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Conference Guest Speaker shares Conflict Management Advice

Posted by Jody Urquhart on Mon, Dec 29, 2014 @ 04:09 PM

Don't Rain on my Parade- How to Deal with Negative People

Have you noticed negative or difficult people around you are affecting your otherwise cheerful disposition (and how unfair is that)? Someone who knows nothing is making your life miserable. Why do Negative Nellie’s feel they need to unload their pent up vex at an unsuspecting person? What is up with the negativity causing conflict?

Studies by the institute of Heart Math suggest that we all give off energy that is either positive or contracting. Some people increase energy when they leave a room, and suck energy from the environment when they come in.As a conference keynote speaker i find that one negative person in an audience has the power to affect a lot of people. Inspiration plummets when one person enters or leave the room.

The unfortunate part is we tend to become like the people we are around the most. For instance, when you visit somewhere and people have accents you tend to take on the accent, people in groups tend to dress alike and take on similar characteristics.

The conflict comes because this may mean because you are around negative people you may become negative too! Yikes.

Listen to people complaining endlessly about work, and you'll find yourself starting to do the same. Add to it that negative emotions exert a more powerful effect in social situations than positive ones.

Unfortunately you can’t eliminate the negative person, but you can garner inspiration and find ways to deal with them. If you were around someone with an infectious disease you would probably take steps to reduce the risk. Negativity is infectious so it makes sense that we should ward it off.

Negative behaviors are defense mechanisms; they protect people from developing relationships, from taking risks, from getting in trouble or making mistakes. If you can permeate the wall there defenses hold up you have a hope of diffusing toxic emotions.

Make ‘em Smile!

Anger and negativity usually stem from the anxiety, fear response in the brain, -one of the oldest, most primitive parts of our brain. Also responsible for the fight or flight response, It reacts without thinking. From a Society for Neuroscience article on Bliss and the Brain: A scrutiny of brain activity indicates that individuals with natural positive dispositions have trumped up activity in the left prefrontal cortex compared with their more negative counterparts. "Happy people think more logically. If you can make someone smile or laugh you literally force them to use a different part of their brain that is more logical and reasonable. A person cannot be negative and smile or laugh at the same time. To be an inspiration; laugh and smile more often.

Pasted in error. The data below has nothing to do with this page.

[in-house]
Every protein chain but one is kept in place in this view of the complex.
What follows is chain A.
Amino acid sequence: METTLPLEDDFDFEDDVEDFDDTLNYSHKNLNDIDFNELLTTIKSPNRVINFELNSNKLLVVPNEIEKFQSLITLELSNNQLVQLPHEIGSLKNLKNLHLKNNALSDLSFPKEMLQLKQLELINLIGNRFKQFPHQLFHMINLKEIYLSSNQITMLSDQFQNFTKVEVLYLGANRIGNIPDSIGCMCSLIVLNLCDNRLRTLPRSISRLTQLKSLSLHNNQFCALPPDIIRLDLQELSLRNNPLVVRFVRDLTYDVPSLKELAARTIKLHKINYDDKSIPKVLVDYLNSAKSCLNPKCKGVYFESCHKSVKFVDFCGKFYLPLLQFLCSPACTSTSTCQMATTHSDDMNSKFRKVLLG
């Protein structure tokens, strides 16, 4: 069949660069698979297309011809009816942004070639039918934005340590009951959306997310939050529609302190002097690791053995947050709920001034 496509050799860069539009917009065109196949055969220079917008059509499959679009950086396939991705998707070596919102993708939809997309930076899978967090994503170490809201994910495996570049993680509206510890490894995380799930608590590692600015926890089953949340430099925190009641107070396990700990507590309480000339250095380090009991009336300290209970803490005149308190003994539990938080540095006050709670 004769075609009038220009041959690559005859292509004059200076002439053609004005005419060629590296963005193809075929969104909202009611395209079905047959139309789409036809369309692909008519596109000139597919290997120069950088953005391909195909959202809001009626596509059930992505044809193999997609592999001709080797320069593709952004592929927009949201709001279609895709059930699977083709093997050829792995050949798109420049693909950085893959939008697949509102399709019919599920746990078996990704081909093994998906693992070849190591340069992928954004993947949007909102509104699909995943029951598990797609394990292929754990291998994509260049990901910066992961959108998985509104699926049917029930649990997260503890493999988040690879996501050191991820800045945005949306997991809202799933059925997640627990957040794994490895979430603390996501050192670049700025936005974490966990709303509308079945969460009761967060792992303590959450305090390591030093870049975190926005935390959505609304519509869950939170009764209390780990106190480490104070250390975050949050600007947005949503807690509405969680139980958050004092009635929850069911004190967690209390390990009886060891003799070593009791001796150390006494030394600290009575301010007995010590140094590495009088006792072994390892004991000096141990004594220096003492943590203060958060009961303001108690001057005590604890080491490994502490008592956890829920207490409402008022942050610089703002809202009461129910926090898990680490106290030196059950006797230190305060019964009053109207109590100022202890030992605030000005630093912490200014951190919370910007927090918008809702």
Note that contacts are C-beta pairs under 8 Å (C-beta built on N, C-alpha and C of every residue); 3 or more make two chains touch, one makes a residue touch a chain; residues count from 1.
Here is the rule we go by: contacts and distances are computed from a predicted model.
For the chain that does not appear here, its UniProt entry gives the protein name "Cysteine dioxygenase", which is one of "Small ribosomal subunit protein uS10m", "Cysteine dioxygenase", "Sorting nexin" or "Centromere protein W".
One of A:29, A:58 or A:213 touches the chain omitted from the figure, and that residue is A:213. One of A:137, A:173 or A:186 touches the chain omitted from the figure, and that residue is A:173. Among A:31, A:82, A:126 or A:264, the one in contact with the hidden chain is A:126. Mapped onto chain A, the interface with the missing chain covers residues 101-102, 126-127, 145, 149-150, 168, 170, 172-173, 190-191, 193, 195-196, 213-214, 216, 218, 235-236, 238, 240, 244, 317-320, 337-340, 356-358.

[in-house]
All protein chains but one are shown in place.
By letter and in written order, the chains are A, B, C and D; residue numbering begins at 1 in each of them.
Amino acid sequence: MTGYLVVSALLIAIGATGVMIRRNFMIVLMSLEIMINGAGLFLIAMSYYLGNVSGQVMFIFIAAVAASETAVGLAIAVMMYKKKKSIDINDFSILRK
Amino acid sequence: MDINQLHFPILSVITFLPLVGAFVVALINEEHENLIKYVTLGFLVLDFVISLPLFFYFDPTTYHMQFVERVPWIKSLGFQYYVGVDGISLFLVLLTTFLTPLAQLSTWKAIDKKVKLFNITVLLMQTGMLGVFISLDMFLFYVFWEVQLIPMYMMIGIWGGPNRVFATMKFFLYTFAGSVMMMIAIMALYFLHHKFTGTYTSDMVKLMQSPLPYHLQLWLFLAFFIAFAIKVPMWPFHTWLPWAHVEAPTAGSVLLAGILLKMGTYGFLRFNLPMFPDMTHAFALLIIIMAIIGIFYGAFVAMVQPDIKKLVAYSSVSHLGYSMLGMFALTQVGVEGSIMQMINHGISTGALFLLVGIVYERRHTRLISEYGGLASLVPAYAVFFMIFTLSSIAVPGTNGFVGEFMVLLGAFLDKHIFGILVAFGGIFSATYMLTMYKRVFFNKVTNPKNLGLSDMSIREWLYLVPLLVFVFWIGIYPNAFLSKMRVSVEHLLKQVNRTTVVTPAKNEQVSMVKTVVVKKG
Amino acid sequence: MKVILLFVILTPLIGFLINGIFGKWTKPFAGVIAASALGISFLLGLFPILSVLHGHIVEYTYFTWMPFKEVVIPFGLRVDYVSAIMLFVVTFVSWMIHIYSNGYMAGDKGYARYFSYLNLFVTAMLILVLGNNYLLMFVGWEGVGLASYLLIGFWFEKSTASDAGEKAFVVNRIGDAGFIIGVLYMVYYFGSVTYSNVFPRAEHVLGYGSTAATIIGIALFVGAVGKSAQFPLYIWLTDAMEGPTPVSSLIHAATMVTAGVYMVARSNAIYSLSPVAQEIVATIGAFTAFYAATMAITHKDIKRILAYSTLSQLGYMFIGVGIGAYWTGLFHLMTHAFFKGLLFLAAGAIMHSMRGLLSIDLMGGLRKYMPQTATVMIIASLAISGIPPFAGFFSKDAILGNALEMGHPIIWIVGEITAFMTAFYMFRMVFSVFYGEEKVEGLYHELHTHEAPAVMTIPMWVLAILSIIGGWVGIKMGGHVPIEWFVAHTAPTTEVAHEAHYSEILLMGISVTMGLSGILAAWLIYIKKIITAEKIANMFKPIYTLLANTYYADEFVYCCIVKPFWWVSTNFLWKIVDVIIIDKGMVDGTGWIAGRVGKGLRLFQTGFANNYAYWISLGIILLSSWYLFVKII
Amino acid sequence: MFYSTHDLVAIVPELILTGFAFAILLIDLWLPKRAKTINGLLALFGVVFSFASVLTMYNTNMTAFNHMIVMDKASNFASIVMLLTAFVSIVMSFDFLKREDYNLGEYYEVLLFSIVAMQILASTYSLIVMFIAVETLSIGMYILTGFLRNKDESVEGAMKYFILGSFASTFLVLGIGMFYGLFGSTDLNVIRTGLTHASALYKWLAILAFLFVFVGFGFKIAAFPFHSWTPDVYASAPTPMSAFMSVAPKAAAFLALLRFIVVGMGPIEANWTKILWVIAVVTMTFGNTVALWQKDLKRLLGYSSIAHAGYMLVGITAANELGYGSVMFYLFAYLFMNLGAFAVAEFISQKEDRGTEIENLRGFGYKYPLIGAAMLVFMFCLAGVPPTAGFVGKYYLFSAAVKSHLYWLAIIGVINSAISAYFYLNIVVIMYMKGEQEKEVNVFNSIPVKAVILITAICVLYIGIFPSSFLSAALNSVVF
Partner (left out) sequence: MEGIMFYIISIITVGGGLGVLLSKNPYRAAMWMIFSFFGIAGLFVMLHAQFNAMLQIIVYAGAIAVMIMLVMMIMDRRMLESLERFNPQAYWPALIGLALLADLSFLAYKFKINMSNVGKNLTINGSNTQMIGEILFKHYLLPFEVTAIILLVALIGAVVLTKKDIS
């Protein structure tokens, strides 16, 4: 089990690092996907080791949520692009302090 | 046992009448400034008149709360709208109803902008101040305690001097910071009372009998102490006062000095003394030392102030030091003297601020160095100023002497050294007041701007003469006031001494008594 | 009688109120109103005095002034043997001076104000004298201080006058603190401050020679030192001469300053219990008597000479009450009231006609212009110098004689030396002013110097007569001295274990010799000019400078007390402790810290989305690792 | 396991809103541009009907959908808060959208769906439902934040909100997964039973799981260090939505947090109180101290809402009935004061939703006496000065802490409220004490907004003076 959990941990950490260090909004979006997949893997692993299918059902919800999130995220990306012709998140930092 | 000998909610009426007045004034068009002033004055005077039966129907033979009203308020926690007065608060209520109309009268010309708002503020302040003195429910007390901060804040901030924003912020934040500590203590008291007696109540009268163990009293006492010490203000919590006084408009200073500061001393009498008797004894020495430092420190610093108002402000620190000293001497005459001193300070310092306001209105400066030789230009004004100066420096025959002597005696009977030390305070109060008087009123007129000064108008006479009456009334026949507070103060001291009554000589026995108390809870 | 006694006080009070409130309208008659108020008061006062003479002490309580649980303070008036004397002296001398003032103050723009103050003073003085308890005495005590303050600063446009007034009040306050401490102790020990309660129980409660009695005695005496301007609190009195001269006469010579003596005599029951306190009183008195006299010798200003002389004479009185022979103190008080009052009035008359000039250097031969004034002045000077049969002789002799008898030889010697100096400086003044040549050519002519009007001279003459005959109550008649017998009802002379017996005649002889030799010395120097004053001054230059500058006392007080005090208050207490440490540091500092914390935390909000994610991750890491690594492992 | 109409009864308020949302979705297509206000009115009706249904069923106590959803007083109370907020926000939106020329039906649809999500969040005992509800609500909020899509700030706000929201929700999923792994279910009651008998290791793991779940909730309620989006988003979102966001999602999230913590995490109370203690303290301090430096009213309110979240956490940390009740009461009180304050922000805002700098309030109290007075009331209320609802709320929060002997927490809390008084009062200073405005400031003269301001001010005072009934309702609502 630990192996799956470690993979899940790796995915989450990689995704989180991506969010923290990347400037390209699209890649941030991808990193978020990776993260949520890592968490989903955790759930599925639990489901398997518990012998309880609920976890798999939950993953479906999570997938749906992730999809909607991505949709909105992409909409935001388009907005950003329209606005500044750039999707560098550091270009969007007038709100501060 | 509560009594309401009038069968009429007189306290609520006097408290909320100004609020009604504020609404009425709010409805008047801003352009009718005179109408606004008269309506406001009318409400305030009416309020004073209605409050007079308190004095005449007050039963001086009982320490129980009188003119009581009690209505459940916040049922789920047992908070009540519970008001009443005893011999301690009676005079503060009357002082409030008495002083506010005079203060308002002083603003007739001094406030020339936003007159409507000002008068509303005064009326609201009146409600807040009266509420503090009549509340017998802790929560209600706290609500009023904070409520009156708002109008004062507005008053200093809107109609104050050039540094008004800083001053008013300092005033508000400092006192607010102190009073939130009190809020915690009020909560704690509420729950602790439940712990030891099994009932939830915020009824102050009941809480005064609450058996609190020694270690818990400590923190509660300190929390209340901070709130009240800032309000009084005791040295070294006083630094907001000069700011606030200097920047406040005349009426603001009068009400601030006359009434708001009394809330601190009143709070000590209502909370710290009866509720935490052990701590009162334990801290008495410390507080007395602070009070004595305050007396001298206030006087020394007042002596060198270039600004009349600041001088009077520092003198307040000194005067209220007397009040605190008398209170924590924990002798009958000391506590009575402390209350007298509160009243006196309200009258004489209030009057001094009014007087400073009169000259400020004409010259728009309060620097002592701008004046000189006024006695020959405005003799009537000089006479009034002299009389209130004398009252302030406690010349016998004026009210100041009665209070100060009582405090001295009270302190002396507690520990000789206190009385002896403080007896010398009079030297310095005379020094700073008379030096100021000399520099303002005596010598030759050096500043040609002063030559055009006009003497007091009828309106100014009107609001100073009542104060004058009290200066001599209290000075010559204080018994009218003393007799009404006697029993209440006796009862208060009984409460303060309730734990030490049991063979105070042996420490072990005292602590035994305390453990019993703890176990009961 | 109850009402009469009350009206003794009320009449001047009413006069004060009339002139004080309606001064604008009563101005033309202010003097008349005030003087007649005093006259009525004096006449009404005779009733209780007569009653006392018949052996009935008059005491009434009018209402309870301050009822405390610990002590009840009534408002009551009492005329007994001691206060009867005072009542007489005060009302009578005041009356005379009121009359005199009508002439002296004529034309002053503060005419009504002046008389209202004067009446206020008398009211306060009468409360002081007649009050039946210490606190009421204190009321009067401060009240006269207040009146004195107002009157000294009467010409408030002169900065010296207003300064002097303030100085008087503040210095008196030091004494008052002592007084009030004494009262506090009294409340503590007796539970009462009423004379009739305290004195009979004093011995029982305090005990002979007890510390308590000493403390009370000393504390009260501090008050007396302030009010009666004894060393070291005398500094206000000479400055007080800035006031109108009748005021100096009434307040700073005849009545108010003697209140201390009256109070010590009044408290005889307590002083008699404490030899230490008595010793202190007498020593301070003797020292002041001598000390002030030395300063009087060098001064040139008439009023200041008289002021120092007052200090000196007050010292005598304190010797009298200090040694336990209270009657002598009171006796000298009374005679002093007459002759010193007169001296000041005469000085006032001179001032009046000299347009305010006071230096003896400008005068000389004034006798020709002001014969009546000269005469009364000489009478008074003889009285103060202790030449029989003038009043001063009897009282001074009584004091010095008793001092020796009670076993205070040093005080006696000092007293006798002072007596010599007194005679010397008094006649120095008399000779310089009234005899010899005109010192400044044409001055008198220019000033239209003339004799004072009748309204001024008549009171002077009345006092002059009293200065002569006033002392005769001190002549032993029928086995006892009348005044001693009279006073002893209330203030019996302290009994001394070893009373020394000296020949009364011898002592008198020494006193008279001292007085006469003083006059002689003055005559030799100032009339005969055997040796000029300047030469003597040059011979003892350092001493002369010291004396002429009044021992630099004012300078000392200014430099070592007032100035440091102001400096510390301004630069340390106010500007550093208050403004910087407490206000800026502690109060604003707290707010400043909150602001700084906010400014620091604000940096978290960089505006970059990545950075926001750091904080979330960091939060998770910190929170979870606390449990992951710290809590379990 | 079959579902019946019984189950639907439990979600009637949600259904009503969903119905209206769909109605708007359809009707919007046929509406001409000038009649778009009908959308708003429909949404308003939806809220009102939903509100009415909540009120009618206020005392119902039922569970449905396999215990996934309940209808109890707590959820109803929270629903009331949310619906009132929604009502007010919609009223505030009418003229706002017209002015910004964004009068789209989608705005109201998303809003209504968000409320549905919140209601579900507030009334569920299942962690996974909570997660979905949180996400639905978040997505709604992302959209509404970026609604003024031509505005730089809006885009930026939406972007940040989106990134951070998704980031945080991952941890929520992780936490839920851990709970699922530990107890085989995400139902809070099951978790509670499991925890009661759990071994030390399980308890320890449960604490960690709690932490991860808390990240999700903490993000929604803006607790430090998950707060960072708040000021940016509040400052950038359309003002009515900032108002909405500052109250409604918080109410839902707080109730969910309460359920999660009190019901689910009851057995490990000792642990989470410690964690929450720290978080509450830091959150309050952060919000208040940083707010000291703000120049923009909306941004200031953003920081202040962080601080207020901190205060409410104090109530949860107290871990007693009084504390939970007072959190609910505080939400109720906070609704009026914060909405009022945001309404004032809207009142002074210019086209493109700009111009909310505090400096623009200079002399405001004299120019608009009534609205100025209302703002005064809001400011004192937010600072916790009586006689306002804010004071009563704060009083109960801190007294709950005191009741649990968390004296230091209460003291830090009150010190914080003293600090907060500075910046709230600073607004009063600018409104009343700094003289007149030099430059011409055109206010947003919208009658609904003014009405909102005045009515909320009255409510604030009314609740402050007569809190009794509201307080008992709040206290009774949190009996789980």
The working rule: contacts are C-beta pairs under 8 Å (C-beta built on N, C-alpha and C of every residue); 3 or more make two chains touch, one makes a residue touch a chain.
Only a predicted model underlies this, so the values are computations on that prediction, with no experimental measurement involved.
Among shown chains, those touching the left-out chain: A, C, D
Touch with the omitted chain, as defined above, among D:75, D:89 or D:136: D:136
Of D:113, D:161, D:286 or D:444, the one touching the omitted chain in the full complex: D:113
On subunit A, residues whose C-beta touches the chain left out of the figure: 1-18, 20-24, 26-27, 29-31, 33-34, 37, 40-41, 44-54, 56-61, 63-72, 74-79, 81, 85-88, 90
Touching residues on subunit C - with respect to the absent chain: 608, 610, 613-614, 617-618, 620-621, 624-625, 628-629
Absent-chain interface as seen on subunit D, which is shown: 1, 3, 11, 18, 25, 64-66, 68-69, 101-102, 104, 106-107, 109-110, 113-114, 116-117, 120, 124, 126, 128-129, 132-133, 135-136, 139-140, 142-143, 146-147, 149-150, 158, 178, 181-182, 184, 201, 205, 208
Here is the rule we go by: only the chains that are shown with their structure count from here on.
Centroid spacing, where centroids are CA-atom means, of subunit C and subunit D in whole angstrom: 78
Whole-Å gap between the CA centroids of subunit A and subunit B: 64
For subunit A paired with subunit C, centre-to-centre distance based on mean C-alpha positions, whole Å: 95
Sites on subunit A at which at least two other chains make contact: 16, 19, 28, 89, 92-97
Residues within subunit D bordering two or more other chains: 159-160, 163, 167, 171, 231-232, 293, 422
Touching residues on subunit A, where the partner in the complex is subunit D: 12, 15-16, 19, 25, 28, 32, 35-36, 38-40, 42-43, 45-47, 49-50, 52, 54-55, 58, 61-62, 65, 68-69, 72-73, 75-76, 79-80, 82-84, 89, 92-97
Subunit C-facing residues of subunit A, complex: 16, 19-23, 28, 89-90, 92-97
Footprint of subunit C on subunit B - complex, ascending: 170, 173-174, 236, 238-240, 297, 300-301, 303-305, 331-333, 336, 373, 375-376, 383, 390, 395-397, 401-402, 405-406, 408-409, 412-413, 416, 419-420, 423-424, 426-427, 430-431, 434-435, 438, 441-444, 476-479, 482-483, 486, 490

Let it roll off your back
Some people are just ANGRY. Negativity, hatred and disgust are boring and not worth your time. Sometimes these people are out there to help you develop your resolve to stay positive no matter what.

Distance yourself from negative people by taking a detached, impersonal view. The more you can see them as separate from yourself, the less likely you'll be to interpret their behavior as being a personal attack against you. It's just the way they are; you had nothing to do with it!

Adjust your tolerance. People who are easily annoyed have a low level of tolerance for inconveniences or frustrations. Think of yourself as “buoyant” and resilient in the face of stress and respond that way. Find out what triggers your anger, and then to develop strategies to keep those triggers from tipping you over the edge.

As a guest speaker at a conference, we role play negative situations to give people practice. In the heat of the moment this practice run will be your saving grace.

If you are confident and feel good about yourself you are more likely to be buoyant to negativity and be a force for change.

Negative people try to validate their victim hood by pulling others into their warped view.

Don’t be their prey! Think of it this way, If someone were to say “Nice job of handling that”- what would you have done to deserve that comment?

Interrupt Negativity- When someone is heralding negative assumptions simply do something to distract from it or stop it. I love to do the unexpected because it literally halts a persons point of view and gets them thinking about something different. It is the whole premise of humor. It has to be unexpected to be funny (which is why you don’t laugh at a joke if you’ve heard the punch line before). As a humorous motivational guest speaker I have alot of experience with humor decreasing tension in a large room,it is a real morale booster.

Pass some perspective please.
Who says criticism requires anger? Who says doing overtime is a bad thing? It all depends on your perspective.

Negative accusatory people are likely inferring things that aren’t true. Their flawed assumptions are creating a negatively warped picture. Clear up the facts so you both see a clear picture.

Do you Fight? Or Flight?
My experience is under stress people either fight back or retreat. It is the classic fight or flight response at play. Your mind tends to respond to stressful situations as dangerous and immediately fights back to protect, or your retreat( run away, disengage) Physically within your body adrenaline pumps into your blood stream and stored fats turn into sugar for energy, your digestive and immune systems suppress and your focus become fight or flight.